The lack of subjective equality makes it unacceptable to notify only the beginning of a trial. Increased access to electronic communications should not limit and presume the awareness of interested persons. Increased access to electronic means of communication should not limit and presume the interested persons’ awareness of the trial entire course and its outcome. Undoubtedly, the expansion of information technology use can solve the problems of our time, caused by the lack of time of participants in the process due to their intensive work activities and the pandemic. However, the urgent tasks of reforming national legislation should take place without changing its legal foundations-principles that ensure equality of all and everyone in the implementation of procedural and legal mechanisms in protection of violated civil (private) subjective rights.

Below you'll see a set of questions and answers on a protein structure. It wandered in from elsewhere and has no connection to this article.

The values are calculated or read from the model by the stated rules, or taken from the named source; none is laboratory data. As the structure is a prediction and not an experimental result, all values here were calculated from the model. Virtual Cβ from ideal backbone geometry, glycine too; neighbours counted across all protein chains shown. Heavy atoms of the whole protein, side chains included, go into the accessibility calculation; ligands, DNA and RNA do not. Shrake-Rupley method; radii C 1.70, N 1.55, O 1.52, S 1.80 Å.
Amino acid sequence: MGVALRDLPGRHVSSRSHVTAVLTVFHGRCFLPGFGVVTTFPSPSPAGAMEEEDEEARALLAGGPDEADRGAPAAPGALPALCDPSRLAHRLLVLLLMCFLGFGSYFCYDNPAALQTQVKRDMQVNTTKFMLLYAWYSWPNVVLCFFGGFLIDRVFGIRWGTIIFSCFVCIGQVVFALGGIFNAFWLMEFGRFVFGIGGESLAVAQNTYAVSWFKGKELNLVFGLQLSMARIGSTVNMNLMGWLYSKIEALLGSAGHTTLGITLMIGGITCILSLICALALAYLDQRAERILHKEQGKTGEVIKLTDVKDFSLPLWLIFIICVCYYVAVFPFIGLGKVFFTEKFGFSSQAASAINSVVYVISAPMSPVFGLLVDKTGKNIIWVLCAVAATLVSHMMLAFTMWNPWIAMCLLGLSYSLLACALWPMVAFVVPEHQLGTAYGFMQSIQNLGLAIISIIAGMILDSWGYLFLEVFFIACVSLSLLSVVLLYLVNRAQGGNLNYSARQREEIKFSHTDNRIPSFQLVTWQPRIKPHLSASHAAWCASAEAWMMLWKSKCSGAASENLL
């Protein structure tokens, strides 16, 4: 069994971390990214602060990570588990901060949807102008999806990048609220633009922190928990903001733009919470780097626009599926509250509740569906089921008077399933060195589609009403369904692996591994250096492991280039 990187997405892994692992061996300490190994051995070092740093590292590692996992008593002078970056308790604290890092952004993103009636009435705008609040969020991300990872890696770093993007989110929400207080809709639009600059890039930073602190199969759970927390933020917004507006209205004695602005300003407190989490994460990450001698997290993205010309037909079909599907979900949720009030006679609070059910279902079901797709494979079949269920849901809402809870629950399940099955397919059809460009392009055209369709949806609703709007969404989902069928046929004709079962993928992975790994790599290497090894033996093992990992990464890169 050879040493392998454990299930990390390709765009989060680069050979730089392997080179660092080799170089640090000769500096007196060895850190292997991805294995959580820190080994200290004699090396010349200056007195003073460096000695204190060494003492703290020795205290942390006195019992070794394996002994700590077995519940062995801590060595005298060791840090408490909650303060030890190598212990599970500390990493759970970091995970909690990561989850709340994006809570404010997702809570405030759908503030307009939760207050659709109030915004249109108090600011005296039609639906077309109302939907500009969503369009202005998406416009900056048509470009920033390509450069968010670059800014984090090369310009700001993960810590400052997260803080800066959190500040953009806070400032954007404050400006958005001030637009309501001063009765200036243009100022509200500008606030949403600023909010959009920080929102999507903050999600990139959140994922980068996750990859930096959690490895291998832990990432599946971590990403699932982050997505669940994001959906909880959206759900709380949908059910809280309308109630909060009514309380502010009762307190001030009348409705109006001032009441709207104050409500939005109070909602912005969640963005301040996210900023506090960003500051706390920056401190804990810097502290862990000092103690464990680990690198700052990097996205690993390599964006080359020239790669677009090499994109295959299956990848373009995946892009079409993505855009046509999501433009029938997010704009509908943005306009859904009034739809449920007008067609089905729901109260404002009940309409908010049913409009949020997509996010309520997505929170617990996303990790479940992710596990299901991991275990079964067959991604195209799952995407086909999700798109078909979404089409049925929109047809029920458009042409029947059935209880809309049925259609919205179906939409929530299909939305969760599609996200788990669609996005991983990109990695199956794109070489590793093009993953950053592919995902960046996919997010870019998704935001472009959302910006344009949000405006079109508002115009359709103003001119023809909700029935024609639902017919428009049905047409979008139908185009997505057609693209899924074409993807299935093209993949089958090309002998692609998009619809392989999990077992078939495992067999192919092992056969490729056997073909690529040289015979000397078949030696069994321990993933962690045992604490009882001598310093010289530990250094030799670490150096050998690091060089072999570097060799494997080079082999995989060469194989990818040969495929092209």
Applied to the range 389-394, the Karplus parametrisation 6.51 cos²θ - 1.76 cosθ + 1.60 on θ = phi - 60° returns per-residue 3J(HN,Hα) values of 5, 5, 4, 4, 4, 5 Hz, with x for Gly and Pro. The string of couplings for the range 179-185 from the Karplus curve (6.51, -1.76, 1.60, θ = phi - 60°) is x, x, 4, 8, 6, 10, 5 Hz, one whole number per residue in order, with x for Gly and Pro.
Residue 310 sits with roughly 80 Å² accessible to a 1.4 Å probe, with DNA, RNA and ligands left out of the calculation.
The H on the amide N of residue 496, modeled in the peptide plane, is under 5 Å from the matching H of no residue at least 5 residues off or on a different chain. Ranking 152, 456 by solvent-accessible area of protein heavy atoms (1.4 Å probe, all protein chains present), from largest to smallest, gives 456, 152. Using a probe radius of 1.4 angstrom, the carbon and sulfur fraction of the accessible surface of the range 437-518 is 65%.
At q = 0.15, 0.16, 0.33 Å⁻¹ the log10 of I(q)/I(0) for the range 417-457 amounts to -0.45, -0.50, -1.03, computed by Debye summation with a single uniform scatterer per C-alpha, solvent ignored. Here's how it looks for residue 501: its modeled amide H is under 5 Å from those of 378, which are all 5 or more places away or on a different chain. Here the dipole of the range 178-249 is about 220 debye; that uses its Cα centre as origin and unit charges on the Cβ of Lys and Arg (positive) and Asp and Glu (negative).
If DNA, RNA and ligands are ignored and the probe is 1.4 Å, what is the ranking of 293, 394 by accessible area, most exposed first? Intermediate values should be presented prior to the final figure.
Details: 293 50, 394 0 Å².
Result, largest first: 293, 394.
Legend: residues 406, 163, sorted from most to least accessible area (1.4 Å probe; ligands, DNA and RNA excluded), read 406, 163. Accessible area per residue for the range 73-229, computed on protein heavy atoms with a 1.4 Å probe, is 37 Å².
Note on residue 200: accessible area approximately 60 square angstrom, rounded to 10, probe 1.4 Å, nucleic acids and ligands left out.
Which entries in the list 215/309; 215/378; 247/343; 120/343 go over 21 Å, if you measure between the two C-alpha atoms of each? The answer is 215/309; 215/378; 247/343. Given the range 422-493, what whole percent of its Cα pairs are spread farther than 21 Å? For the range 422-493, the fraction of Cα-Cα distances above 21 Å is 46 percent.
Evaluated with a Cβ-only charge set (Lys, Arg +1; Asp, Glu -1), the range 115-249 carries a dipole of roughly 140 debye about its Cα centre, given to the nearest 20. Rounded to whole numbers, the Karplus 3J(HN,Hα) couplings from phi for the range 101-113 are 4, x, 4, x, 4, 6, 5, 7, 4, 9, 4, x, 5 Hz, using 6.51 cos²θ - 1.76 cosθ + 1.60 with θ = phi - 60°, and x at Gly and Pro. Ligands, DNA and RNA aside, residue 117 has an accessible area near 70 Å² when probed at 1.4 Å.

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31 January 2022
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Tkacheva, N. N., Nikolaychenko, O. V., & Baturina, N. A. (2022). Non-Discrimination In The Protection Of A Violated Subjective Law. In S. Afanasyev, A. Blinov, & N. Kovaleva (Eds.), State and Law in the Context of Modern Challenges, vol 122. European Proceedings of Social and Behavioural Sciences (pp. 624-630). European Publisher. https://doi.org/10.15405/epsbs.2022.01.99